Herdswoman, to be honest, looking at those pictures seems so surreal for a lack of a better word. My father's family actually had to deal with events such as that in the slide show when he was a young man. It's hard for me to understand the pain he and his family and other blacks in the area must have felt, the shock, the fear and the anger. Those repressive years and shocking events that happened during their DAY, creates lifelong turning points, and sets up and reinforces attitudes and notions that are passed down from one generation to the next as it did in my family. It's just human nature and we as a Nation have been reaping what was sowed. It will take more time to get over it. Why? Because the people who had to live under such repression are still living, those memories are still there, and they sometime share and we black children feel resentment for their ordeal. Believe me my parents and grand parents are certainly grateful that those horrifying days are gone and this is why they are able to live life without showing outward resentment, but believe me, it's there and they have shown extraordinary GRACE regarding their past. You see, it was not that long ago when if you track over lapping lives. What happened should not be measured in years but in lives.

Take care, Junebug
jazzdog,reread my post. I said nothing of the sort that "white people donn't say this,or some still hate blacks" I was the exact opposite. I said that THIS white person don't say that. Junebug said that "white people say this" I said he painted whites with a broad brush,as all don't feel that way. I also said that there are whites out there that would love to beat a brother down,as I am sure there are blacks out there that would love to beat a white guy down..


Junebug. NO,I guess I don't get it. YOU said that your dad hated whites for what whites did to him in the day,and that hate spread to his children. And you are okay with that?!?!? that is hate spreading my friend. Cut and dry. YOU said that your dad would taunt whites,to "laugh at them" and you are okay with that!??!?!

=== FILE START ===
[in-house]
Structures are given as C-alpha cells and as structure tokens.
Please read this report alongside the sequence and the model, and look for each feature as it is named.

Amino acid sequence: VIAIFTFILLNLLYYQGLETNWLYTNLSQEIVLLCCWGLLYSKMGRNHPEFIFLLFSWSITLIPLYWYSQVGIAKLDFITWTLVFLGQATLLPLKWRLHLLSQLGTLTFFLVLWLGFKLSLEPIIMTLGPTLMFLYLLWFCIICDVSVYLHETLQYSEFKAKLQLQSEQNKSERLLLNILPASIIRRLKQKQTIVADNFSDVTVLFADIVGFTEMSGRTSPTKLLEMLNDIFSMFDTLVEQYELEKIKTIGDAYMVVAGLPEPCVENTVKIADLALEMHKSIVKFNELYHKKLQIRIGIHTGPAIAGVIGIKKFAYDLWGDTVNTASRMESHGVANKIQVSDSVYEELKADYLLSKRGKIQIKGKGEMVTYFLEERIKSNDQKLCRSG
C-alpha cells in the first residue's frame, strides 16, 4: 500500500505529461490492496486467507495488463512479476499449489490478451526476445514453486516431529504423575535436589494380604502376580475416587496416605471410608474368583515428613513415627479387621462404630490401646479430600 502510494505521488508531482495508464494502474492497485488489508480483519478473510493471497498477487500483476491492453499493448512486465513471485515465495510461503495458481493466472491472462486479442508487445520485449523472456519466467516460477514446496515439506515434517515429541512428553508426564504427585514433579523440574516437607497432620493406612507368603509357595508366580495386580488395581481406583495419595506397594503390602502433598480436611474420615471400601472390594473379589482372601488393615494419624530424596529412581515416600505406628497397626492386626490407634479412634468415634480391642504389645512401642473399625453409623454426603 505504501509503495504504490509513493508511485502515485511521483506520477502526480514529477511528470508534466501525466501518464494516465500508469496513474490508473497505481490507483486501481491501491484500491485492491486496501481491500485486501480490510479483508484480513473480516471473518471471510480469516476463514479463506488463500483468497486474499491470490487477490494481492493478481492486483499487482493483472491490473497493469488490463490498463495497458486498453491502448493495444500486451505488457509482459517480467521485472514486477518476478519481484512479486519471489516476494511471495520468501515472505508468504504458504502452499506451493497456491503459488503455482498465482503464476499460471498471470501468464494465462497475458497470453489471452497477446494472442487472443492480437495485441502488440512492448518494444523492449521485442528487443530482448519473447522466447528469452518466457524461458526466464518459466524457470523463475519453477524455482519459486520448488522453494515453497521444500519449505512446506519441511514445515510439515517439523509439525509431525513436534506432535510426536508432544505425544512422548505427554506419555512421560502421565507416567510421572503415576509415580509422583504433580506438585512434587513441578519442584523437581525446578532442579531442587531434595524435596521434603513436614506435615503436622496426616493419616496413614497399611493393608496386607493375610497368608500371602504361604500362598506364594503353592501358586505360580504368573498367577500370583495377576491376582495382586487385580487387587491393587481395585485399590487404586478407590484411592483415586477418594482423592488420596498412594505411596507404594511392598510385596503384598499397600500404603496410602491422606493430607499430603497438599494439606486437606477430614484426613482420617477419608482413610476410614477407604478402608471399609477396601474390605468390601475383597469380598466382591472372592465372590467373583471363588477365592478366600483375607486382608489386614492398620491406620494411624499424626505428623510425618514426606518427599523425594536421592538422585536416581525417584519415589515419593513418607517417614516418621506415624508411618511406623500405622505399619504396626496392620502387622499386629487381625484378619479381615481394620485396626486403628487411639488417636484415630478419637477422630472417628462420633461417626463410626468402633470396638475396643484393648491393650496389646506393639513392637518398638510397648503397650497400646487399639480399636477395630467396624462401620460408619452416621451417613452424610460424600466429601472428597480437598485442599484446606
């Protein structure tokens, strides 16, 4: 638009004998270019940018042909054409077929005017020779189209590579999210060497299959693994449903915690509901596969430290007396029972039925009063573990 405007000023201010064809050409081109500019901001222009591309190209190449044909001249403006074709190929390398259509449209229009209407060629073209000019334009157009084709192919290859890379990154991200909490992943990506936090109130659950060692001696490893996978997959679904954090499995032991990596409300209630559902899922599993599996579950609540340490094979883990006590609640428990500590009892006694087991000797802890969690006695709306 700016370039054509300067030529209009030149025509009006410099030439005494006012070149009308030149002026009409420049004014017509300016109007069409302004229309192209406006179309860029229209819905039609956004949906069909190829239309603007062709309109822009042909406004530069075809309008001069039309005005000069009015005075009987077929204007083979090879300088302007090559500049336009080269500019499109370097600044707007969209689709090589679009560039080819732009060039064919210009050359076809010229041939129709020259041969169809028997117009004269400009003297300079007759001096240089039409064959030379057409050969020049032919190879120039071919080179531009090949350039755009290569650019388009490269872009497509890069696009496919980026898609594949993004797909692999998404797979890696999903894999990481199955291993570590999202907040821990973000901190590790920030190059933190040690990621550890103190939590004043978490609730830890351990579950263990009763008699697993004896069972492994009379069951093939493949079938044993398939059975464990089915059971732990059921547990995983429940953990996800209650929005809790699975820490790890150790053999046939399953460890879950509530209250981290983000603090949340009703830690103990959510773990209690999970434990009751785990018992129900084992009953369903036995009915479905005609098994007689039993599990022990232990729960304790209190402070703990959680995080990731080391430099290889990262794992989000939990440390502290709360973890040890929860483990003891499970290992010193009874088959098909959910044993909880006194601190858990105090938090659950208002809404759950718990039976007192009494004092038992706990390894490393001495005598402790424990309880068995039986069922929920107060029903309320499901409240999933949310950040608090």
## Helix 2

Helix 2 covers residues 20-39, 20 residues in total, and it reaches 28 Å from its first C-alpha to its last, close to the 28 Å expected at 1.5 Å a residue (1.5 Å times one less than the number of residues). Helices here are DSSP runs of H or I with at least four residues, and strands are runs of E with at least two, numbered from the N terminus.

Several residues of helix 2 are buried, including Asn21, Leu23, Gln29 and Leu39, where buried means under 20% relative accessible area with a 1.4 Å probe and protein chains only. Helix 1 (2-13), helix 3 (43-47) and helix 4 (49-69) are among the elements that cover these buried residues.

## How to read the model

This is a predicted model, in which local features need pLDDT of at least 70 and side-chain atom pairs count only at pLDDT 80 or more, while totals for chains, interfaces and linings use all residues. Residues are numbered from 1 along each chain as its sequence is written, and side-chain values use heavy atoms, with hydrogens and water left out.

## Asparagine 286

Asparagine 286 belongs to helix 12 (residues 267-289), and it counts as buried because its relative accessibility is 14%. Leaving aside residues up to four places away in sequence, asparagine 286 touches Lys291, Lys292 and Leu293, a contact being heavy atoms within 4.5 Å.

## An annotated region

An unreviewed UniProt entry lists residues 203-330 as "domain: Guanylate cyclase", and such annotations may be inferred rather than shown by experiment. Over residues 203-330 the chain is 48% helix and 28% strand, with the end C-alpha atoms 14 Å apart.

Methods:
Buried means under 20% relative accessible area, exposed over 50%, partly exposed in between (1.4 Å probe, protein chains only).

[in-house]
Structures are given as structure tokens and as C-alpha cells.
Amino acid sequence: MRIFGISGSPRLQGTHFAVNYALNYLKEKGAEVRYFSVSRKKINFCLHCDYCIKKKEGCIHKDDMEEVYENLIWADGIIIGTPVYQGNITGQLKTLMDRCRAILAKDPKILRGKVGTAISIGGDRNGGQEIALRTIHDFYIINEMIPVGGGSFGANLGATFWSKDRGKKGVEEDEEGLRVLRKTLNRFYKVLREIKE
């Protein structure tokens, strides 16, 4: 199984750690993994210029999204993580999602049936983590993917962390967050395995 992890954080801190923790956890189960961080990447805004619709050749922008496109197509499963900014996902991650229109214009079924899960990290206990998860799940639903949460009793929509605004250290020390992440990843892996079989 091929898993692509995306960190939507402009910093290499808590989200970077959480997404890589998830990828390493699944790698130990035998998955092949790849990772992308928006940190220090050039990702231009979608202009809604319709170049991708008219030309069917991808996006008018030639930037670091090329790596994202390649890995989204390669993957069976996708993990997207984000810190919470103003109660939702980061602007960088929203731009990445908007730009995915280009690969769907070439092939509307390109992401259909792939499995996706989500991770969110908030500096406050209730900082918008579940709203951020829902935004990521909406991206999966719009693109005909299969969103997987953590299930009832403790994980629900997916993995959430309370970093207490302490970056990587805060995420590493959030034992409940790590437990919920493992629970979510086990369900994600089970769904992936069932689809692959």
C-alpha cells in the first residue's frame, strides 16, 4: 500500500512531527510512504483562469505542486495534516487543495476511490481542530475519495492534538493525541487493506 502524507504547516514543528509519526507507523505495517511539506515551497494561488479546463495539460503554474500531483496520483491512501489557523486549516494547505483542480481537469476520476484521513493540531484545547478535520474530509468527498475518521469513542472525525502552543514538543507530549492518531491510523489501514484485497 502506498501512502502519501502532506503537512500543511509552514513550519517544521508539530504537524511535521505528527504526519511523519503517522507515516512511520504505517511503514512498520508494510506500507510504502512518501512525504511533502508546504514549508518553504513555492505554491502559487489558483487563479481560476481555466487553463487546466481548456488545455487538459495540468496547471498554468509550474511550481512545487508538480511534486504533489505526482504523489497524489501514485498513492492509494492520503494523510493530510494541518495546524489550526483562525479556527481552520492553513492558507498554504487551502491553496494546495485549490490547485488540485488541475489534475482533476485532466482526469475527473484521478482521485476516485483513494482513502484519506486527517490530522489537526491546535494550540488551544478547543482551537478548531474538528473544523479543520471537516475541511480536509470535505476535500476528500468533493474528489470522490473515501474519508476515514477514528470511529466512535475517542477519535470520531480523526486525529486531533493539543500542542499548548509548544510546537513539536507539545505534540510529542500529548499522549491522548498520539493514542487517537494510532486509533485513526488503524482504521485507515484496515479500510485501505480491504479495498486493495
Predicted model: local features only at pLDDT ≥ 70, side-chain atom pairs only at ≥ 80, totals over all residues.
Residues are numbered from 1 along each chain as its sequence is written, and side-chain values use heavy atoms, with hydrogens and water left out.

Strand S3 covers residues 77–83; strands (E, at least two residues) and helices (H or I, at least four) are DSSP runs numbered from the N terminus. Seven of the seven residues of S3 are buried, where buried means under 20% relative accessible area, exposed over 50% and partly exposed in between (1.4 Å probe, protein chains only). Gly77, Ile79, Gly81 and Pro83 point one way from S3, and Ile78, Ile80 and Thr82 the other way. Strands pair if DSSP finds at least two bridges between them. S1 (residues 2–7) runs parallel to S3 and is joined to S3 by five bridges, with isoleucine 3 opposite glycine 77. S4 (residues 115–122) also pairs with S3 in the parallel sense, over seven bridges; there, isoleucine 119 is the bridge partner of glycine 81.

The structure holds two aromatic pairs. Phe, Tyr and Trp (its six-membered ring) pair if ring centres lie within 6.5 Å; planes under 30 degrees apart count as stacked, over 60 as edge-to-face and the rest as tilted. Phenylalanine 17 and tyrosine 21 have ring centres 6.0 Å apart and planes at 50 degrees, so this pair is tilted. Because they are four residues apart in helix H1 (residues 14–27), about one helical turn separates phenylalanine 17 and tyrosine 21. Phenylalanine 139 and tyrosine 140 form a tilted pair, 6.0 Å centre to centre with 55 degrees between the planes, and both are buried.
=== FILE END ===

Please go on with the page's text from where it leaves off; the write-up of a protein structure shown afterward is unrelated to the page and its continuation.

Maybe a black guy did something to a white woman. IF her children went off and beat up blacks,hated blacks,that would be okay,because of what happened to there mother?!?!? no way. it is not acceptable from your brothers either.
sorry junebug,but its true. Now your dad moving to mainly white neighborhoods,and watching them move,that is funny. I will laugh with you there. but your brothers beating up whites simply because they are white,is no different than whites going out and looking for blacks to beat up simply because they are black.
quote:
Originally posted by Factoid:
Junebug,your fathers ordeal was a rough one,I am sure. But him practicing his hate towards white people,and that rubbing off on your brothers was just as bad. You said it yourself,that your brothers would go to white clubs to pick fights with whites,just because "your dads hatred for whites where picked up by them". That,in my book,is no better than how the whites treated your dad.


With all respect, that is b.s. It would have taken a very strong black man not to hate white people back then. The AVERAGE white person in the towns where those lynchings occured was a scumbag. The AVERAGE. And you read in his post, where neighborhood after neighborhood white flight. That's appalling. But these were ordinary white folks, not some aberrant fringe group. After emancipation, blacks bent over backward to win the favor of whites. Reconstruction-era black elected leaders fought to give rights to white ex-confederates that they otherwise may not have gotten, and blacks suffered terribly as a result of that incredible naivete.

I think Junebug's right. No matter how appalled you (Factoid) may be at viewing the images and hearing the stories, the level of understanding in the black community is paramount to this never happening again.